The new StarVR head-mounted display debuted at the SIGGRAPH 2018 technology event in Vancouver today. The StarVR One, as it is called, adds a suite of new features and improves on some of the standout specs of the original device — although the company did not share details on the price.

StarVR’s headsets have floated around trade shows for years. I tried one way back at the Electronic Entertainment Expo in Los Angeles in 2015. Since then, Acer has acquired a majority of the company that was game developer Starbreeze founded. And the StarVR headsets have popped up in location-based VR attractions that companies like IMAX run. With the StarVR One, the company continues to target enterprise and professional VR installations.

And the reason that an IMAX or other VR-curious entities are interested in StarVR over the Oculus Rift or HTC Vive is because the One comes packed with a lot of technology. It has expanded on the massive viewing angles of the original to cover 210 degrees horizontally and 130 degrees vertically. The company claims this covers almost the entire human field of view, which should eliminate the diving mask-like effect you get from Vive Pro and Rift.

The StarVR One also integrates Tobii’s accurate eye-tracking technology. This can tell where on a screen you are looking, which enables dynamic foveated rendering. This saves processing power by rendering where your eyes are looking in perfect clarity while holding back resources from other parts of the scene.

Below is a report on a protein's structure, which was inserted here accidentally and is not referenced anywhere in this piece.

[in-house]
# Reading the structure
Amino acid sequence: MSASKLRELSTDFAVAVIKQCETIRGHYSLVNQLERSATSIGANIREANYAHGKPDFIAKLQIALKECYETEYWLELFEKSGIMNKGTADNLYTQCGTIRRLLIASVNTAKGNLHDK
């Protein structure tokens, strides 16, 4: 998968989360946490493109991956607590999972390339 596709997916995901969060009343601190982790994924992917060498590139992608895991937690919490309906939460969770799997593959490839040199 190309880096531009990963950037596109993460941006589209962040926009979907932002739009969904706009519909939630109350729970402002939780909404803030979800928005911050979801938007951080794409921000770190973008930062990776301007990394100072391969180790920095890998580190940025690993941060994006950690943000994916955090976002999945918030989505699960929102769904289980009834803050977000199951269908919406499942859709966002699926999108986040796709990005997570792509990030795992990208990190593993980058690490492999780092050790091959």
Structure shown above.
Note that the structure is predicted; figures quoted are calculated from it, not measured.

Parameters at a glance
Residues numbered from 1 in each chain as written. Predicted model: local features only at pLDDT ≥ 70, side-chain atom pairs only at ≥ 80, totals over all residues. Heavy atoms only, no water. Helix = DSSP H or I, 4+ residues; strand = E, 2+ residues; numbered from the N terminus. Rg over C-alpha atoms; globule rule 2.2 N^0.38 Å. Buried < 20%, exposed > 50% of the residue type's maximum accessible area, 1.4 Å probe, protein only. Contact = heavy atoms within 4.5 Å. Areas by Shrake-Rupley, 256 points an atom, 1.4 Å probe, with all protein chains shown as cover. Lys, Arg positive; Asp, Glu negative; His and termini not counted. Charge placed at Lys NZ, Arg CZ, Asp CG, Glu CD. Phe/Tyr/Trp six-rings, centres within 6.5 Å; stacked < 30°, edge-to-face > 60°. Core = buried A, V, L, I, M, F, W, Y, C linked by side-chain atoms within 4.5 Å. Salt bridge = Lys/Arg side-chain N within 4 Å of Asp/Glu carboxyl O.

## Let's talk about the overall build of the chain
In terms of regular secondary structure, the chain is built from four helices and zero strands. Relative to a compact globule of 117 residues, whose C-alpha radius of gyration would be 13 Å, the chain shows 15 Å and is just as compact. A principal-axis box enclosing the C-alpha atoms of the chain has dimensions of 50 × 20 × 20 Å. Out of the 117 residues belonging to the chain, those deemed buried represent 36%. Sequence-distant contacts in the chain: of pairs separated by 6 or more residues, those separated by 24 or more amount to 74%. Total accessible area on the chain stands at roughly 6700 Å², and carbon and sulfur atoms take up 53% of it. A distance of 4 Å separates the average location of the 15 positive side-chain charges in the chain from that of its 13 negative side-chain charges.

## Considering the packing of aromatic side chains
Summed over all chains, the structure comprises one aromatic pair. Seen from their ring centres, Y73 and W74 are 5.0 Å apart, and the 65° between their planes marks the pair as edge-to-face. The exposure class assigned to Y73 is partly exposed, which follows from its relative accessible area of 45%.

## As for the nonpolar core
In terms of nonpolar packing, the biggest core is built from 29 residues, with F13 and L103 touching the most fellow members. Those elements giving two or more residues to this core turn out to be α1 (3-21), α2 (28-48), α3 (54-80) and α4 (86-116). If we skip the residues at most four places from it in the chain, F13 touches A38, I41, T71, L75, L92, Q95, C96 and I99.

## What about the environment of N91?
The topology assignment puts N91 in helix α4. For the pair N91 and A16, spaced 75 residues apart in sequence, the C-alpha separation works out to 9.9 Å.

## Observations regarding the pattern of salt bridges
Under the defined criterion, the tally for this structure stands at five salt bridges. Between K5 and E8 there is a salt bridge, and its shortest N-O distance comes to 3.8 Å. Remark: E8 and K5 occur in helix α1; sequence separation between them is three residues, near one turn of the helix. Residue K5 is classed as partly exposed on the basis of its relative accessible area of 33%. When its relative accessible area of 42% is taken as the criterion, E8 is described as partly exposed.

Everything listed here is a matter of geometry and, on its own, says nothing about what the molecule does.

“StarVR continues its legacy of innovation that pushes past the barriers standing in the way of enterprise-grade VR experiences,” StarVR Corporation chief technology officer Emmanuel Marquez said. “StarVR is blazing new trails to deliver breakthrough technology for a new world of realism to support real business decisioning and value creation. With our StarVR One headset we are conquering the VR final frontier – the enterprise.”

StarVR has also worked to make the One appealing to businesses by making it work with multiple positional tracking systems. Out of the box, it works with the SteamVR 2.0 trackers, which are work in an area as large as 1,000 square feet. It also features distinct visual markings to work with camera-based optical tracking as well. This frees up creators to build the experience that works for their business.

And that eye-tracking might appeal to enterprise for marketing reasons as well. In its press release, StarVR says that this technology “unleashes a new world of commercial possibilities to leverage user intent data for content gaze analysis and improved interactivity.” To translate that, companies can get data on what you are looking at when you use its StarVR One headsets, and they can use that info to improve their experiences or to sell you things.

Finally, StarVR is working with a number of partners including Intel, Nvidia, and Epic Games. So a company wanting to get StarVR headsets to build an experience can also talk with Intel about its multithreaded CPUs, with Nvidia about its workstation Quadro GPUs, and Epic about its Unreal Engine development kit. Slap all of that together with a handful of recent computer-science graduates and artists, and you should have a VR experience ready to go in no time.